"ALL BLACKS" ABROAD
THE FINAL MATCHES. HOW THEY WERE WON. fcEAVY GROUNDS IN CANADA. CBy Our Special Correspond-eat. 1 The "All Blacks" arrived back in San I'rancisco from Los Angeles by steamer on Sunday, November 9, and in view of the big game against the All American team the following Saturday, strict training was indulged in for the week. The second game against Santa Clara University was set down to be played at Santa Ciaxa on -Wednesday, the "11-th, but it rained so bard 'that on the morning of the game (word caane .through of a postponement. About one o'clock, however, father Rioard, a well known 1-jcal meteorologist and scientist attached to the University, announced that it would be a fi"" afternoon. So Father Elive, tie athletic director of .iho University, telephoned Captain 'McDon-.ild. and arrangements were made to catch the three o'clock train. We arrived about four o'clock, and sure enough, it had iturned oui fine. The San Francisco "Examiner 5 published a photograph .the next day, eh-owing the capUiins of the two teams shaking hands with Father Eicard, and thanking him for providing a. fine afternoon for the match. As :i ma-ti-er of fa-et, Father Ricard shook •bands with manager George Mason, but the wily camera man took a picture of ■the two captains at -half-time with their ihunds extended as if in greeting, cut out the manager and supplanted him with «&e two players, getting his desired tableau. Such ie the way of newspaper.?.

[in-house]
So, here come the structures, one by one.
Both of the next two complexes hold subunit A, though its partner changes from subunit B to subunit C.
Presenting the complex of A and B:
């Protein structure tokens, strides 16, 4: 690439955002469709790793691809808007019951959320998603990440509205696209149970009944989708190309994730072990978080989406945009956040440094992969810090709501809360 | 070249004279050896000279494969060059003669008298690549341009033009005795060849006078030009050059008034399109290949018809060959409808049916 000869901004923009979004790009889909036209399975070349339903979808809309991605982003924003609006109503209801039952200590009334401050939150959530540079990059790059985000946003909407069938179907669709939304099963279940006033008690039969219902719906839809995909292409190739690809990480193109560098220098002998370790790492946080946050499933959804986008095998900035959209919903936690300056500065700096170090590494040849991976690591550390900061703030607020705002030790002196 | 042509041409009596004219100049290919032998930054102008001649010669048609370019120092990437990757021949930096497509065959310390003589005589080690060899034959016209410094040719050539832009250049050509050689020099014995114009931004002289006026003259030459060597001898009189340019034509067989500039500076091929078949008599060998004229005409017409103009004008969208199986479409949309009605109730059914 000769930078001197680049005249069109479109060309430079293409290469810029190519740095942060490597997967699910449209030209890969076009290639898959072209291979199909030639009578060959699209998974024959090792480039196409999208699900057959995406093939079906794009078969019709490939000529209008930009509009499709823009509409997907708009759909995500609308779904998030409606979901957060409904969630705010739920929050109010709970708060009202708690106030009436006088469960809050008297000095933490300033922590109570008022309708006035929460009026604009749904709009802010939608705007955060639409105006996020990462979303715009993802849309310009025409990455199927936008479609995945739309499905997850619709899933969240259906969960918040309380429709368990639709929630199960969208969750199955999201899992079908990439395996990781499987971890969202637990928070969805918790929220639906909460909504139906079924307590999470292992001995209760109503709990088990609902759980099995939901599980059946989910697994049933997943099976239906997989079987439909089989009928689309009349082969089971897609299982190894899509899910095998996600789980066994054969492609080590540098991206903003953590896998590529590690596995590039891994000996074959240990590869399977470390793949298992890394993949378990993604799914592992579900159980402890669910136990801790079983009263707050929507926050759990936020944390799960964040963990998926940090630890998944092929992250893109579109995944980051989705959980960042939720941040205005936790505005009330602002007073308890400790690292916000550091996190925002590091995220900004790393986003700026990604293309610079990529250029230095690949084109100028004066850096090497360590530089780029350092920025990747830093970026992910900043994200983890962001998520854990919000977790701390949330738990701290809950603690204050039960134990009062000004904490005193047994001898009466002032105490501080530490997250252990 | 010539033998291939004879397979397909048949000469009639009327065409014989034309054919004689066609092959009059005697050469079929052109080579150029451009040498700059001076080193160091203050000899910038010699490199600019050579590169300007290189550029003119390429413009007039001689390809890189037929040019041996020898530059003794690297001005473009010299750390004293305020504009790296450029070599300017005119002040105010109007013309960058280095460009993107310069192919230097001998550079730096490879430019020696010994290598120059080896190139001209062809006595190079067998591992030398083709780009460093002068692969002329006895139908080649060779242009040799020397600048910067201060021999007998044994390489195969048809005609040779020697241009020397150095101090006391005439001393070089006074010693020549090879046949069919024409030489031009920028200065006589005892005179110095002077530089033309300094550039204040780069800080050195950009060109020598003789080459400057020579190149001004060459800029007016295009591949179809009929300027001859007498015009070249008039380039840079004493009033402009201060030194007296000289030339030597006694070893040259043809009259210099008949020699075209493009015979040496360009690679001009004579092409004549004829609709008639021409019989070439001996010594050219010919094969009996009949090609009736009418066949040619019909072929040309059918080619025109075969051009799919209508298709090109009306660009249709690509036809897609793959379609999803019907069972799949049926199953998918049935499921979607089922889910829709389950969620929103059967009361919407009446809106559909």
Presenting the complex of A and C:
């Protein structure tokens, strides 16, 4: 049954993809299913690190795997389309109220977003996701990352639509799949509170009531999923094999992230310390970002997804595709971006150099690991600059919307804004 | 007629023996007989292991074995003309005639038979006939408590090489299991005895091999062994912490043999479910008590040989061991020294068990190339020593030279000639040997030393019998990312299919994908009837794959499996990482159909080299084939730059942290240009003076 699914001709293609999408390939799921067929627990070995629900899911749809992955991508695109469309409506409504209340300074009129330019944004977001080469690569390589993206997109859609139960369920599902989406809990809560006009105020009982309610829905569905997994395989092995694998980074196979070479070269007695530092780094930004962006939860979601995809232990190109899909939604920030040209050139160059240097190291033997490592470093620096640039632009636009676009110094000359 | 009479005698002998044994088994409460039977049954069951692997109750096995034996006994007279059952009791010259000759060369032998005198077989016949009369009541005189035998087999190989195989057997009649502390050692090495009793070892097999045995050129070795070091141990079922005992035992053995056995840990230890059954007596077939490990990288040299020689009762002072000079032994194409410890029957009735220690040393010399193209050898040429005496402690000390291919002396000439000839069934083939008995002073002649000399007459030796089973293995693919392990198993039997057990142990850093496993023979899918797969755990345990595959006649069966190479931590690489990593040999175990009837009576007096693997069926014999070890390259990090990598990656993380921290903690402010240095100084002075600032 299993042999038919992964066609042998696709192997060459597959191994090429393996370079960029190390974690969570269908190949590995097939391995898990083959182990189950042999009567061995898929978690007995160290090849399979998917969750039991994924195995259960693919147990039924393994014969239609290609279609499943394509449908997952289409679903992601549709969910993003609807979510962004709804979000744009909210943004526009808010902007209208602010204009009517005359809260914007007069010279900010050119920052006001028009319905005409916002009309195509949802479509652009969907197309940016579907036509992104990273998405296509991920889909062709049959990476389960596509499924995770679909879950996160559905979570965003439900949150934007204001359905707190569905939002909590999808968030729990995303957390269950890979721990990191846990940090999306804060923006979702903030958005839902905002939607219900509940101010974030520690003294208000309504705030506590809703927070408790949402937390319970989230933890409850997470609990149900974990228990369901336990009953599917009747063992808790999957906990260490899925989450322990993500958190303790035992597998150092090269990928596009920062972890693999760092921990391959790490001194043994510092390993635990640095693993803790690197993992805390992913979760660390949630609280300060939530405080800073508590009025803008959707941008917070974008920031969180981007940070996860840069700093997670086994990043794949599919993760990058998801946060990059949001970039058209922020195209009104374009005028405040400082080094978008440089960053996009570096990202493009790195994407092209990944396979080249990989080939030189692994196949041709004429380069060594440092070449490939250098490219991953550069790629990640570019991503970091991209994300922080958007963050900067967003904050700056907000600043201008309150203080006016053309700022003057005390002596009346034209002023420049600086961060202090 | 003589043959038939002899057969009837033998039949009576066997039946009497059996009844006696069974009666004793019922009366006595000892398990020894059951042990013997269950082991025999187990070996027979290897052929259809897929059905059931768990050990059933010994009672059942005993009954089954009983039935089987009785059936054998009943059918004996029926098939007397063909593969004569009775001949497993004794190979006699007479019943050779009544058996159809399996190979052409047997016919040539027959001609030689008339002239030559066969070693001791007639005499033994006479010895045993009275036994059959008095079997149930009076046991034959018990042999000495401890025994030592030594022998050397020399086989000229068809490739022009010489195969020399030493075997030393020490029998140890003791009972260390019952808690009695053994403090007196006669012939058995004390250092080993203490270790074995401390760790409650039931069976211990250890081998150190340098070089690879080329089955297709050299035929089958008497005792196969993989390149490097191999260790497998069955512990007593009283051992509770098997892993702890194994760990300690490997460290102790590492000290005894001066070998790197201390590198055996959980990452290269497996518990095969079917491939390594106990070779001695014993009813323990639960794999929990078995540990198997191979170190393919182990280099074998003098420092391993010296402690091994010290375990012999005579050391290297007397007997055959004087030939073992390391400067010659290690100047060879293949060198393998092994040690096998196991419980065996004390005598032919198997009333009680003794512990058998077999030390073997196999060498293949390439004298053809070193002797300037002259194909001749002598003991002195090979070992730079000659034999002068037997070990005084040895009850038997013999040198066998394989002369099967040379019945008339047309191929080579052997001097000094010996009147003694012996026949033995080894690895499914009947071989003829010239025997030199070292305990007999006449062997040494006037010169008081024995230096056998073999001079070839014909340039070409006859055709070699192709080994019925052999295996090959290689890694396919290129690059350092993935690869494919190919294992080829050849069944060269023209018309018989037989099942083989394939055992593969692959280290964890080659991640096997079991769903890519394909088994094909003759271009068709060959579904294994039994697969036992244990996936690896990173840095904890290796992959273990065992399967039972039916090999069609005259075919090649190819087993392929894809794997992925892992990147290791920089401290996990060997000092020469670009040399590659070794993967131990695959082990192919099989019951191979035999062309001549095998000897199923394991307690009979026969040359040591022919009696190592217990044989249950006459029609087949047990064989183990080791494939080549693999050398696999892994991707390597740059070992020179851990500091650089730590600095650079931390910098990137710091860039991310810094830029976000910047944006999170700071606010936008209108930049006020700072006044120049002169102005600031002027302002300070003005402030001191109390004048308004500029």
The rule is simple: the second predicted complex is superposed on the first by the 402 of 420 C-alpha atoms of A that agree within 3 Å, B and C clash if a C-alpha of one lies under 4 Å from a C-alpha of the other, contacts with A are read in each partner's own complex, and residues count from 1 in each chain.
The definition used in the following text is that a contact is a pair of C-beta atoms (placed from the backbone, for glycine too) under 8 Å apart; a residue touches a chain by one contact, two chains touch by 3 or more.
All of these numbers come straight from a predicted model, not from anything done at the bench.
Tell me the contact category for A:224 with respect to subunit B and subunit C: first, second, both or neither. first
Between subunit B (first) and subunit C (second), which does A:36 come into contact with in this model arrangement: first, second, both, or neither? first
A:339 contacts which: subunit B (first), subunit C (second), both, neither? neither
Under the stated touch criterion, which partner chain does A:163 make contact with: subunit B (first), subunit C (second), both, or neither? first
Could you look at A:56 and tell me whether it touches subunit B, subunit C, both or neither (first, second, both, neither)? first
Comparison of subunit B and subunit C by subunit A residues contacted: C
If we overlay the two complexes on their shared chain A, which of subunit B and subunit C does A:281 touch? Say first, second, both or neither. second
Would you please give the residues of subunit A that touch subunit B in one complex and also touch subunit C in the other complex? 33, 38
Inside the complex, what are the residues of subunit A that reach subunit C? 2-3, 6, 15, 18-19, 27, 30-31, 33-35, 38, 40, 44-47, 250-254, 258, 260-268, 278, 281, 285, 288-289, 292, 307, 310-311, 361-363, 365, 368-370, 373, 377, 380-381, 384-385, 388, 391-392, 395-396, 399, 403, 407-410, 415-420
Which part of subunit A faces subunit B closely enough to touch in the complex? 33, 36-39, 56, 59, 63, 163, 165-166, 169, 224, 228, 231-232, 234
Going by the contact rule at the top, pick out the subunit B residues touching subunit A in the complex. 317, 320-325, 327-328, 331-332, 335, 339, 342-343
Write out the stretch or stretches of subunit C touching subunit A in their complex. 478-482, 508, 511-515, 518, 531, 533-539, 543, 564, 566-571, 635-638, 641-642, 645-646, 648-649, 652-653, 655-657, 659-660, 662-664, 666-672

There was a good crowd present, including come hun-dreds of ""rooters. -, and the team given a good reception. The ground, although dirt, had been 6own -with grat=E. and millions of tiny green "blades "were just peeping out of the ground. This nrade ft firmer thau it would otherwise have boon, but it was etffl heavy. lie teams were: — New Zealand.—Fullbark, CuthHl; three-quarters, .Stohr. Robrrte. arul Loveridge; five-eighths, Mitchinson and Gray; ialf-back. Taylor. Forwards: Murray (wing), Willi ites, Sell-ire, Downing, Wylie, Dewar, McDonald, -and Cain.